BOOZE AND THE BARD @ The Belgian Beer Café gets 8/10

Booze and the Bard
@ The Belgian Beer Café
Wednesday, January 26, 2022


Nestled in the courtyard of the Belgium Beer Café is the charming and small La Roi stage. An assortment of plastic crowns, foam swords, and fur coats serve as the actors’ playground, as they take the audience through one of Shakespeare’s classics.

To add a bit of flavour to these beloved plays, one of the five cast members is chosen to get drunk on stage each night. Meanwhile, the rest of the cast is playing a game to drink whenever something specific happens onstage, and they encourage the audience to do the same. Basically: it is a Shakespearean drinking game.

And if that isn’t chaotic enough, an improviser’s wheel of chance is spun whenever a scene is going “too well.” This can mean a change as small as one of the character’s accents or something fundamental like a genre or an actor’s goal in the scene. On the night of the review, the audience was treated to a southern Lady Macbeth, a ‘film noir’ King Duncan haunting and a Macduff on a desperate quest for a high-five.

Their scripts perfectly balance the famous Shakespearean soliloquies and the to-the-point Australian slang. The dramatic final fight in Macbeth was interrupted by Macduff crying “C-Section Bitch!” and stopping for a game of flip the beer cup. For those who have not dusted off the classics since high school, or perhaps had too many drinks, the complex two and a half hour tragedies have been stripped down to an hour and fifteen minutes. All the major plot points are spelt out in plain English. So, there will be none of the usual plot summaries in the program or Wikipedia research in the intermission that usually goes with classic literature.

The cast felt like a well-oiled group of improvisers, quick thinking and ready to go along with mostly anything. The spontaneity and chaos that came with a drunk crew member and a wheel of chance as director, was managed and cultivated extremely well. Rather than just descending into base drunken antics, the script and plot were the backbone of this production, well-devised and full of humour. The randomness served to add a layer of honesty and energy to the plot rather than to distract from it.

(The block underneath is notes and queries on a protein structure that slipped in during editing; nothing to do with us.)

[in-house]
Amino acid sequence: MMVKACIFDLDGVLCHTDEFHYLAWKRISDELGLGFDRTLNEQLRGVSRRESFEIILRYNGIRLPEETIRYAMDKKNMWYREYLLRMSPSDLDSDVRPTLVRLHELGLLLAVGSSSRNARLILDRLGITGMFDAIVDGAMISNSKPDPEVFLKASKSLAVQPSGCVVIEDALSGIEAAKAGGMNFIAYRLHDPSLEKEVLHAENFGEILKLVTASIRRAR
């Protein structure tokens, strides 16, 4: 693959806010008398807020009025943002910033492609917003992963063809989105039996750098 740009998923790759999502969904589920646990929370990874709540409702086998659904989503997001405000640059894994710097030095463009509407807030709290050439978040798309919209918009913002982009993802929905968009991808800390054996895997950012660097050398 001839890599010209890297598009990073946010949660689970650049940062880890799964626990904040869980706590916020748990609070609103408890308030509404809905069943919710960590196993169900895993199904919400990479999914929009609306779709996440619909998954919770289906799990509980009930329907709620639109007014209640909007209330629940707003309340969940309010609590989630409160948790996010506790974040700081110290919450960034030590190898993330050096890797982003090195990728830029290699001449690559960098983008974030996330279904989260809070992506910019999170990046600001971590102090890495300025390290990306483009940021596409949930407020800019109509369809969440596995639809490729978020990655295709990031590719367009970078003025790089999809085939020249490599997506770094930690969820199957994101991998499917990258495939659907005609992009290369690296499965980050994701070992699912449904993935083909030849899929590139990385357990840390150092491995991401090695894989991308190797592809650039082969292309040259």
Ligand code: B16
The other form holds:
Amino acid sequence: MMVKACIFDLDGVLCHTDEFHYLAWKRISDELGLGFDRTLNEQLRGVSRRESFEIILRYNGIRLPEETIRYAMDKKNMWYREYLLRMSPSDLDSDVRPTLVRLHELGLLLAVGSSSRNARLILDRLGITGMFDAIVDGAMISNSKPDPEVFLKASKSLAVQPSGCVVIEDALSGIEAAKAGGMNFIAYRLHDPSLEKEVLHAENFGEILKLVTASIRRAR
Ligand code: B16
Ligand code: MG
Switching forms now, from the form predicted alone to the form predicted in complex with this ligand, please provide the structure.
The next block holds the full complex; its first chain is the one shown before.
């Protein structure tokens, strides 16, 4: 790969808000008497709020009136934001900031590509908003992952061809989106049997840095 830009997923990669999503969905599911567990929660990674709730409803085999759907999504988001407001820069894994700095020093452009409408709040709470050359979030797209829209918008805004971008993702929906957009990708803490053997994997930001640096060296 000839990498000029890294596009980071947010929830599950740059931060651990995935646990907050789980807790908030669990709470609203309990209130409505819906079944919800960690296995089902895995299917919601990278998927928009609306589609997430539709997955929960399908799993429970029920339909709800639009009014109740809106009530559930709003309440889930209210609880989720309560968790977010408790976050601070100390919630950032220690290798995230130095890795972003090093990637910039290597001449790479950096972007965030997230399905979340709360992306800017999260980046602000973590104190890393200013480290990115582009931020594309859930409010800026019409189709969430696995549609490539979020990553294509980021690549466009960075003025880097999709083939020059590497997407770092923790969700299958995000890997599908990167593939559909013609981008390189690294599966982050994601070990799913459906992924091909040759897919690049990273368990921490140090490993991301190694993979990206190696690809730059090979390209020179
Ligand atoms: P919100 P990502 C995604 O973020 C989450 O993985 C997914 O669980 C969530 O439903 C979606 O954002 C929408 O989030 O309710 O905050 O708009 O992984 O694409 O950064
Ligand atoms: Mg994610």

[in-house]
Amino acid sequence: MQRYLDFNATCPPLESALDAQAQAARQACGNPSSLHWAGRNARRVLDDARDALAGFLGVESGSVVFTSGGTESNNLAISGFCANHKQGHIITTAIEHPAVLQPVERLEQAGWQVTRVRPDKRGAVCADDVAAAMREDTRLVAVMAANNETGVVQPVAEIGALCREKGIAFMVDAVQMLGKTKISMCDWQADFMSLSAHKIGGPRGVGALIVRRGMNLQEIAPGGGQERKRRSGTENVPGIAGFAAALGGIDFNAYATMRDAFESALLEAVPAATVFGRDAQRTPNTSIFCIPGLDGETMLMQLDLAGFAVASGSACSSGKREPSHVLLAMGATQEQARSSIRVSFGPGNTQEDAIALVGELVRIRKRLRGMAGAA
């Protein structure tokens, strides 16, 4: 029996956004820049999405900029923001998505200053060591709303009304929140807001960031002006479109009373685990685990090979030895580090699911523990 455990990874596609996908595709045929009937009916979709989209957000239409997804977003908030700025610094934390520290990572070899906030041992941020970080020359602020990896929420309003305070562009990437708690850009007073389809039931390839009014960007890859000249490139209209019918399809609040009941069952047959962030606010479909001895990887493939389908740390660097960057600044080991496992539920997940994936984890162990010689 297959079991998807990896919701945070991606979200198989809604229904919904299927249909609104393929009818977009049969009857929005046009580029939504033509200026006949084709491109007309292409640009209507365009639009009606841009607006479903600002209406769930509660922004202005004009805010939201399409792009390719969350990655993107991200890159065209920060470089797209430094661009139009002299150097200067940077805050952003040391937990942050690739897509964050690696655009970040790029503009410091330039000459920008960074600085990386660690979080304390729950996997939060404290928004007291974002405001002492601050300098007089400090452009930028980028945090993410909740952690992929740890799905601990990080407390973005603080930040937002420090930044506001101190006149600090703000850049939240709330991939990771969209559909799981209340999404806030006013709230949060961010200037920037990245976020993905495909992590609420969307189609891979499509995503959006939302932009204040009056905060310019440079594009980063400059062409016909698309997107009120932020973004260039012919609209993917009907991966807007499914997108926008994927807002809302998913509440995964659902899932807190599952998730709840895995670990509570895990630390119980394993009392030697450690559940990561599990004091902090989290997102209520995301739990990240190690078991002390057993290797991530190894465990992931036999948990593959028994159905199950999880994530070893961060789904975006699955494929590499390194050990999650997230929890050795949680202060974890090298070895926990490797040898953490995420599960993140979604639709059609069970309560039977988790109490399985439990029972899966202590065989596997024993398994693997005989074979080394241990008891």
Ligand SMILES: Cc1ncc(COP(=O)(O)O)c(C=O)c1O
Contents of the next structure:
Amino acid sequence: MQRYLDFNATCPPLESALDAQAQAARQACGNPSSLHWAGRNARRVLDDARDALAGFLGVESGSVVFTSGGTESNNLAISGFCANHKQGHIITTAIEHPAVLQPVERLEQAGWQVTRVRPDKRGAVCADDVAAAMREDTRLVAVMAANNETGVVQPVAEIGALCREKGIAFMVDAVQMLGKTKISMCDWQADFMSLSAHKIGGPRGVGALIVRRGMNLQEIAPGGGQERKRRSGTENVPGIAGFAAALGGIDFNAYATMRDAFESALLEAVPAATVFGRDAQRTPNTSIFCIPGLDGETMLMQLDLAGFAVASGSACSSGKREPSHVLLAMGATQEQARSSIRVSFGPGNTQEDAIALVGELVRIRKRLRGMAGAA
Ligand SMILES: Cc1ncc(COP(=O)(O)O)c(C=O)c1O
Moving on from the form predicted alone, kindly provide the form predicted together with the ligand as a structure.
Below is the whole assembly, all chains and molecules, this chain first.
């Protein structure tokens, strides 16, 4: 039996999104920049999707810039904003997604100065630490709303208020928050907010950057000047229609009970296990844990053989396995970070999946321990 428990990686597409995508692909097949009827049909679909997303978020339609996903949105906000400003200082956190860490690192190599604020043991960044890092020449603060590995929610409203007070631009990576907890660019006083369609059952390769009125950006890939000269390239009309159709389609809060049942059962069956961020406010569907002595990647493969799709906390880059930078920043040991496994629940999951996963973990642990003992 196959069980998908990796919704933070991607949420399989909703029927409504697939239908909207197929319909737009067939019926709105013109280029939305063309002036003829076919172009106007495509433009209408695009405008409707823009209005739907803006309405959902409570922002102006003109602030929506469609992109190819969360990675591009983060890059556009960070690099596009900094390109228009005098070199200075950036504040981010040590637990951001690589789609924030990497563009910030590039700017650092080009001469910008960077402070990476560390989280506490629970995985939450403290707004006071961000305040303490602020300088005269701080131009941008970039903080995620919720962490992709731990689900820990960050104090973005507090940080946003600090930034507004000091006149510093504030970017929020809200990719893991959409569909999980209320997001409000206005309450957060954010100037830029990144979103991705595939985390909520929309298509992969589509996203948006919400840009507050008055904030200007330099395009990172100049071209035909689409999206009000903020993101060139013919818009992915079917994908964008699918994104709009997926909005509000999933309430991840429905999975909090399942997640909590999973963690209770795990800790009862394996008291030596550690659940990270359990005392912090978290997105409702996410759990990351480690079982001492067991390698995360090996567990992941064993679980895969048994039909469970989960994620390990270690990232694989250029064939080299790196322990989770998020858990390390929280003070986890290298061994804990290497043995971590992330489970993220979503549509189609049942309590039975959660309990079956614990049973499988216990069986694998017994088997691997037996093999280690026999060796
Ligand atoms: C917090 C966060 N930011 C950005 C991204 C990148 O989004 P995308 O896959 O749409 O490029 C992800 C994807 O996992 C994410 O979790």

Banquo, played by Sarah Lewis, was a standout on the night, accompanied by her wonderful balloon son, Fleance. The actor relaxed and sure presence allowed the meaning of the Shakespearean texts to shine through, and she was a real pleasure to watch.

The only thing to pick was perhaps a lack of drama in the play’s finale and the abruptness of the end. The play felt a little rushed in an hour and fifteen minutes and skipped over a couple of good scenes. The drama and tension of the play were sacrificed for the humour, which is not necessarily a bad thing, just different to what a seasoned Shakespeare watcher would come to expect.

The audience is in for a lighthearted night full of drinks and wordplay. Just how Shakespeare would have wanted a weekend spent.

For a fun night out and the simple yet golden premise of turning classic theatre into a drinking game, Booze and the Bard receives an 8 out of 10.


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